With the next generation of hominids at your control, it is up to you to venture further. There is no map to pull up on your screen as the game trusts you to be curious and explore whatever may interest you. In doing so you will always be rewarded with beautiful locations as well as new flora and fauna to discover. Every discovery that is unlocked is considered an evolutionary feat and will be added to the game’s evolution system. When the player chooses to, provided they have met the criteria, they can evolve their current species based on all the evolutionary feats they’ve unlocked.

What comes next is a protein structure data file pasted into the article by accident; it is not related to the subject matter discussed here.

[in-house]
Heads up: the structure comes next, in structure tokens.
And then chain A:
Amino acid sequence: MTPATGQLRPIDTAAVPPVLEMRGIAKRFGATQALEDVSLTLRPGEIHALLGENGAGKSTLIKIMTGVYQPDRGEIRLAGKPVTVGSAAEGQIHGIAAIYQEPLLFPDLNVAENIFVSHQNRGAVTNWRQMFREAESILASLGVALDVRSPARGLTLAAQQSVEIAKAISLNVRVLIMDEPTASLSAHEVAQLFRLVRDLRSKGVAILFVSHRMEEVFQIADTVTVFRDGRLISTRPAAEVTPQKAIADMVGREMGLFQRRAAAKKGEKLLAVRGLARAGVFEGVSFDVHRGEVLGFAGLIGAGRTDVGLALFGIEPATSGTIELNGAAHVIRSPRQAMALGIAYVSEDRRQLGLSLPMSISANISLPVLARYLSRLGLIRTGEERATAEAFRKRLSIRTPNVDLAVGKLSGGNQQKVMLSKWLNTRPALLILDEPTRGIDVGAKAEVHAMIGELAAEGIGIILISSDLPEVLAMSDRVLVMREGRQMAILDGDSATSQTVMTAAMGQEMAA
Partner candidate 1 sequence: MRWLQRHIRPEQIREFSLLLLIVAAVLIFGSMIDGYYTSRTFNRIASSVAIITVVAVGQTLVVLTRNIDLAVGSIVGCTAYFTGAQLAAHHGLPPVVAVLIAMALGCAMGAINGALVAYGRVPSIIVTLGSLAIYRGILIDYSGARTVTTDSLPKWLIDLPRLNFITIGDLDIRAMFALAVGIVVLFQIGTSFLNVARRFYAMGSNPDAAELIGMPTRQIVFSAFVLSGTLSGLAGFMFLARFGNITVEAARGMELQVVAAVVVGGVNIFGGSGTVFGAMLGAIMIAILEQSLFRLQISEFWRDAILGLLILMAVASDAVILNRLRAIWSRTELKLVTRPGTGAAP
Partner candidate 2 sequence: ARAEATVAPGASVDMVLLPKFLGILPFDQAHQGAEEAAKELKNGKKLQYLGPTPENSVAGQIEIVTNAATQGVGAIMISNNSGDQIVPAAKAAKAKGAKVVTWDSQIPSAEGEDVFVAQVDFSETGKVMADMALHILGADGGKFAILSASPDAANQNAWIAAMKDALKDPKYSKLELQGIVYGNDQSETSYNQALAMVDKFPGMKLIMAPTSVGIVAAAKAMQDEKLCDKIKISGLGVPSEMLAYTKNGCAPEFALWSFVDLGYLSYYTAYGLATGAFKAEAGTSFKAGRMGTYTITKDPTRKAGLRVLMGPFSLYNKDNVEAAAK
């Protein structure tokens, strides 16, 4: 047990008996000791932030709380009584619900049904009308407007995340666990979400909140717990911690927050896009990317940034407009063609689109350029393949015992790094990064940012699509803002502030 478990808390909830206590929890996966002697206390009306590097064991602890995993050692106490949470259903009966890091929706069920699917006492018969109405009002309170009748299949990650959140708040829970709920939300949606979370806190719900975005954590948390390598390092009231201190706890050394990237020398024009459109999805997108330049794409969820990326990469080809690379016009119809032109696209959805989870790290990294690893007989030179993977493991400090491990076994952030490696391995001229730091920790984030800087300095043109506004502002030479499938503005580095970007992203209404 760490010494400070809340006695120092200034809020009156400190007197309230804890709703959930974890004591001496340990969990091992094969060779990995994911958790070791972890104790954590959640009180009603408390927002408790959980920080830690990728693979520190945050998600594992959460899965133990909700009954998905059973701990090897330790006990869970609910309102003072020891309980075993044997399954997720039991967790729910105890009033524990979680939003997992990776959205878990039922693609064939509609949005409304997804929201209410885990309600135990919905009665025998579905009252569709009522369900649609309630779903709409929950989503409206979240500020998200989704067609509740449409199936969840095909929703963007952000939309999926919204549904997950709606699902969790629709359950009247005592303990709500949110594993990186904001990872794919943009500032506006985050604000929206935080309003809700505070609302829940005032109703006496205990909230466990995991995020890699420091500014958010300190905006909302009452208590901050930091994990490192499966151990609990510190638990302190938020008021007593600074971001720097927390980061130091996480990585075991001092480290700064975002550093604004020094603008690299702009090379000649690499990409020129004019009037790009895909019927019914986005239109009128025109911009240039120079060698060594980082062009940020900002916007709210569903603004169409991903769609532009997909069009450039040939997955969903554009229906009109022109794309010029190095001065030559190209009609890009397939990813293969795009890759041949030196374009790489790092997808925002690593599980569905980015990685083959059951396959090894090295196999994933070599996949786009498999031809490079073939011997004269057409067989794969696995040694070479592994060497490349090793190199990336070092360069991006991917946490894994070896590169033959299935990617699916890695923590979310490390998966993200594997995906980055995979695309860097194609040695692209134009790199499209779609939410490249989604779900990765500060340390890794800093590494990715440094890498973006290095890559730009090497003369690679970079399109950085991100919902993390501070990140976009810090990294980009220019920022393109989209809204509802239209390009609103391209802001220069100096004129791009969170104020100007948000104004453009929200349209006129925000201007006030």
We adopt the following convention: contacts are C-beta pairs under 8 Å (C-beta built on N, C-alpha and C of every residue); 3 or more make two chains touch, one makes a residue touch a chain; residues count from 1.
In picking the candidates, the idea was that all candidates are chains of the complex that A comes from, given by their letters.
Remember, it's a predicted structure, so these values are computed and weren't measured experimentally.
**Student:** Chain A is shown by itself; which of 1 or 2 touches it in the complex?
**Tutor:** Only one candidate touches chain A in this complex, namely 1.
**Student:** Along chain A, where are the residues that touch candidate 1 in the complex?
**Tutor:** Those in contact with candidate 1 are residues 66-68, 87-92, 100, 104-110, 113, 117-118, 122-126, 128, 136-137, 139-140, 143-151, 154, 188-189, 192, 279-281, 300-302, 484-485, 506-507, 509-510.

Evolution is perhaps the most satisfying and rewarding aspect of Ancestors and I was always filled with incredible excitement to see how my achievements contributed to the process. When activated you will be shown a screen with the starting point of 10 million years and two meters to represent not only your progress but the progress of science. Depending on how well you have progressed in the game you can evolve faster than what science has discovered. Each evolutionary feat will be displayed on screen and will display the number of years you are evolving the current species. If you discovered the Father Tree, the tallest tree in the game, that can equal to 10,000 years added to your evolution. Had a confrontation with a black saber-toothed cat and that may equal up to 5,000 years added. Every significant action performed during your journey will stack and as such will add more years to your evolutionary process. Evolving is up to you and if you are not exploring the world and interacting with it, you will not progress your species in a significant way.